getting into the cornfield, but we sure got dirty getting out. We had mud up about to our knees and grass stains all
across our bodies from pushing through the corn. I knocked on the door and told the man that answered that we had just
crashed in the field and that I needed to use a phone. He gave me one of those "Yeah, sure, lady. Everyone knows
that nobody lives through plane crashes" looks, but he did let us in to use the phone.
Taking Care of Details
There were lots of calls to make. We had crashed right under the approach course for the ILS 30 at Gary so they
needed to be told that the airplane was there and everyone was okay in case an overflight reported the crash to them.
I called the local FSS to tell them in case the ELT had gone off — it hadn't — and the South Bend FSDO to tell them
I had a little story to relate to them. I called the flying club at Midway to tell them to mark me off for the rest of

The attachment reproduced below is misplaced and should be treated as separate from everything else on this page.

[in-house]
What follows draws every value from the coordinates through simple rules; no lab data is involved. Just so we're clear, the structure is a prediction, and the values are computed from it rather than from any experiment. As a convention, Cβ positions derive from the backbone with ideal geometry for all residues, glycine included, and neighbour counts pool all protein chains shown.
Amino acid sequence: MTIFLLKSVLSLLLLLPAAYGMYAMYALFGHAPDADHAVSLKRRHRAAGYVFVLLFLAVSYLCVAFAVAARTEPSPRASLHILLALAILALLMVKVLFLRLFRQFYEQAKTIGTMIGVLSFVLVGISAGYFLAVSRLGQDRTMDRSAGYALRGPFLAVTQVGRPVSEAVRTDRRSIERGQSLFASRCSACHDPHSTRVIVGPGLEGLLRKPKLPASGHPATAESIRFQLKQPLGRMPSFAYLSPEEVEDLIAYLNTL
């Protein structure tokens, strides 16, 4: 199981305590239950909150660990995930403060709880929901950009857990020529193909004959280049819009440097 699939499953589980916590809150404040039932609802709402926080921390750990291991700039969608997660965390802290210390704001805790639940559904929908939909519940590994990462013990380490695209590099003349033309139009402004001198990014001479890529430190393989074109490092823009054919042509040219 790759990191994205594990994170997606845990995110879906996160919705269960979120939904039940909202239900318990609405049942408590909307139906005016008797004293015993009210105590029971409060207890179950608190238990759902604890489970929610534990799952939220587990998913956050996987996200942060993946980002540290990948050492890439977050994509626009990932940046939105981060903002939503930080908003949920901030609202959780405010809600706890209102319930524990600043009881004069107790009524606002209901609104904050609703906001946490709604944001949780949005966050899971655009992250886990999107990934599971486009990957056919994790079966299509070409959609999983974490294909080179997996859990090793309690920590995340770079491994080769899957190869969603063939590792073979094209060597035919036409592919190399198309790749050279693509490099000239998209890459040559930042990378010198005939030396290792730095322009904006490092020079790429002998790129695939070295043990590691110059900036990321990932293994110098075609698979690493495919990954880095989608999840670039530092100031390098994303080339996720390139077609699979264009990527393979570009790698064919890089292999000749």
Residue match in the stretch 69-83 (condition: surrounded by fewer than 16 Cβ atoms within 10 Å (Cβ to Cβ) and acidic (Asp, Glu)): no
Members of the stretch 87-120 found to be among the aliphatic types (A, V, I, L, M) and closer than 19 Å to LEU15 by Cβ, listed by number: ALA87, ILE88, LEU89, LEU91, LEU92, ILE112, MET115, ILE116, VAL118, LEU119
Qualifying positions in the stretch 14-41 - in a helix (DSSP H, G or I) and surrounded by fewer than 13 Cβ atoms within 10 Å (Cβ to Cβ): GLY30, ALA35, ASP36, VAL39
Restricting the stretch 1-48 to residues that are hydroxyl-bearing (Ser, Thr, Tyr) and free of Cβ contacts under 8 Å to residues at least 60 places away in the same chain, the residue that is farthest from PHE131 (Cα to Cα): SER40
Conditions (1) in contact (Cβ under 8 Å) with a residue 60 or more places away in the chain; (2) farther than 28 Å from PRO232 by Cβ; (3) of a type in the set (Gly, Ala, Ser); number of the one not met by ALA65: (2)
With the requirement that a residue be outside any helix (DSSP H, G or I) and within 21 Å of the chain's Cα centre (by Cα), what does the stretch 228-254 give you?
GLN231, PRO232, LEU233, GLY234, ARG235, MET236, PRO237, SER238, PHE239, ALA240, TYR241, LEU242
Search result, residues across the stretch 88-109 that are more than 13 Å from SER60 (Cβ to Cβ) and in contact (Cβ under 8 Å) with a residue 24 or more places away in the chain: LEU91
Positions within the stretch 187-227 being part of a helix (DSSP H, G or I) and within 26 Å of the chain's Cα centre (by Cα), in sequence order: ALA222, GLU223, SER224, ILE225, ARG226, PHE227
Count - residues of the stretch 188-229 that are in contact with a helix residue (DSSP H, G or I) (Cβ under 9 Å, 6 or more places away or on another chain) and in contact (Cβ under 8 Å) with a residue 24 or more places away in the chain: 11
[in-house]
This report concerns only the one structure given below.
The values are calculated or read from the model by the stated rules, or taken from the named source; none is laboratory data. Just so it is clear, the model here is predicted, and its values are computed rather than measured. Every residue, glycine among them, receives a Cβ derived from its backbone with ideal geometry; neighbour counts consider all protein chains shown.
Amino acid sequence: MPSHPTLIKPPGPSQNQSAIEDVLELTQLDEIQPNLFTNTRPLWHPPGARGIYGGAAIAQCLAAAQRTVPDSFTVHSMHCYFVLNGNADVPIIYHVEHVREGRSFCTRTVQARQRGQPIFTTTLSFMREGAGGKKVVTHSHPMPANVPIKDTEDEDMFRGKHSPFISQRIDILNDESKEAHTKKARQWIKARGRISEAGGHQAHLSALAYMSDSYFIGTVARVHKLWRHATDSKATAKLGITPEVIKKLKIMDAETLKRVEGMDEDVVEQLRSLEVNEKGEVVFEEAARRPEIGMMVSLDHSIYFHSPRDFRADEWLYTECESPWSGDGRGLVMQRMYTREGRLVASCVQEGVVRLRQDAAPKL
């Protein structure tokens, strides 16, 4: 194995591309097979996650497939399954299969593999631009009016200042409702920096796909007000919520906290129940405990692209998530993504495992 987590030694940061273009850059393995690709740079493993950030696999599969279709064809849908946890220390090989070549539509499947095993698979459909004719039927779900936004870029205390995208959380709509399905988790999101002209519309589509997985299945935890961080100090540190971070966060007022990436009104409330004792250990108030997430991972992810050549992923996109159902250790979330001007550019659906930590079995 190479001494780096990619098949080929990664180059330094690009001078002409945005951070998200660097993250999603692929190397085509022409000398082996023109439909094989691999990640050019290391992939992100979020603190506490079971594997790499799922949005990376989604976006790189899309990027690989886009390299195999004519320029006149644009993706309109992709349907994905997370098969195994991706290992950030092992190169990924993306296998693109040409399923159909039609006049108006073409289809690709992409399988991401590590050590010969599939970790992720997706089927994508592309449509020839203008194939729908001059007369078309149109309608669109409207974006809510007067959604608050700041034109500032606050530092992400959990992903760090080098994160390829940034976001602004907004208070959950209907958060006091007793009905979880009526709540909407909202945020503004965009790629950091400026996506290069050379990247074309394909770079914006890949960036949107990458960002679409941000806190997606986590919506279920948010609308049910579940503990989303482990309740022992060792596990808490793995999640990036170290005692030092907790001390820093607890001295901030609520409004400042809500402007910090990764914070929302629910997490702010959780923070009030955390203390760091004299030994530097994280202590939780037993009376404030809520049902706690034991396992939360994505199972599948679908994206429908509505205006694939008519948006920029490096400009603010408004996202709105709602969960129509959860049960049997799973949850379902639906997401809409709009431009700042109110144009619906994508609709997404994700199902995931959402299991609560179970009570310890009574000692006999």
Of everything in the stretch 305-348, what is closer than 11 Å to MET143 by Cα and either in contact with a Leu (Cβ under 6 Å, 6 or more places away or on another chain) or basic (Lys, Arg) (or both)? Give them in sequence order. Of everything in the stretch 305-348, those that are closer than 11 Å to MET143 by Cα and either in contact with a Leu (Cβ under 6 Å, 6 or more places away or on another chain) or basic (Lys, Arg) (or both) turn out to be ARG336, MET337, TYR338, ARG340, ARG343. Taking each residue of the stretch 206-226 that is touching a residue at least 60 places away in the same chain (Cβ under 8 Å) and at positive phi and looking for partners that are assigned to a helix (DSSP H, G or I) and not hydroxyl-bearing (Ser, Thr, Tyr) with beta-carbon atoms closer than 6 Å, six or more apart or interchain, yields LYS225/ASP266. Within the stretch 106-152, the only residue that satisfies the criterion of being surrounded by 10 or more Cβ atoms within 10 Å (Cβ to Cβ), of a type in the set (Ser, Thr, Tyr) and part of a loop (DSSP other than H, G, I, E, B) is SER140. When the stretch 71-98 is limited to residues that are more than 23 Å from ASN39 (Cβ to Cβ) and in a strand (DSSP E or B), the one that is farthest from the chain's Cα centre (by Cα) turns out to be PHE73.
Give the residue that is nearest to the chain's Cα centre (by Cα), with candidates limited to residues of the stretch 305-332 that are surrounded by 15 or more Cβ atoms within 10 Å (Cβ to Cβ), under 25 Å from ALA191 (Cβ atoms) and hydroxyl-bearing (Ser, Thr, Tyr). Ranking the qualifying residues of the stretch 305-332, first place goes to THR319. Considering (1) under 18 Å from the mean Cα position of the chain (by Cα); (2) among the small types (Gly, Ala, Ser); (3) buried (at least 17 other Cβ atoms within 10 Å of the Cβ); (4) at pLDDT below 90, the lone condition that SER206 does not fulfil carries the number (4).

the day, poor little N63155 indefinitely, and to send a plane out to pick Dick up. I phoned the FBO at Hobart and
asked them to come over to the construction company and pick us up. They kept insisting I was kidding them when I said
I crashed. I made all these calls in an efficient and businesslike manner.
Then I called David. He's MY instructor. I lost it. Maybe it's a girl thing, but what we had just experienced
didn't hit me until I heard his voice and then I just dissolved. I got over it quickly, though, and we went on with
We arrived back at the Hobart airport at about the same time the plane arrived from MDW to pick Dick up. The first
thing he asked the instructor that came to get him was, "Can I fly back?" When I commented about this later
he told me that he had always thought the worst thing that could happen in a single-engine airplane was an engine loss
on takeoff. Since that had already happened to him and he had come through it unscathed, he considered that he was
ahead of the game.
Needless to say, the rest of my day was occupied with the FAA, the insurance company and the local police
authorities. The really scary part came when the Gary police helicopter came to pick me up so that we could hover over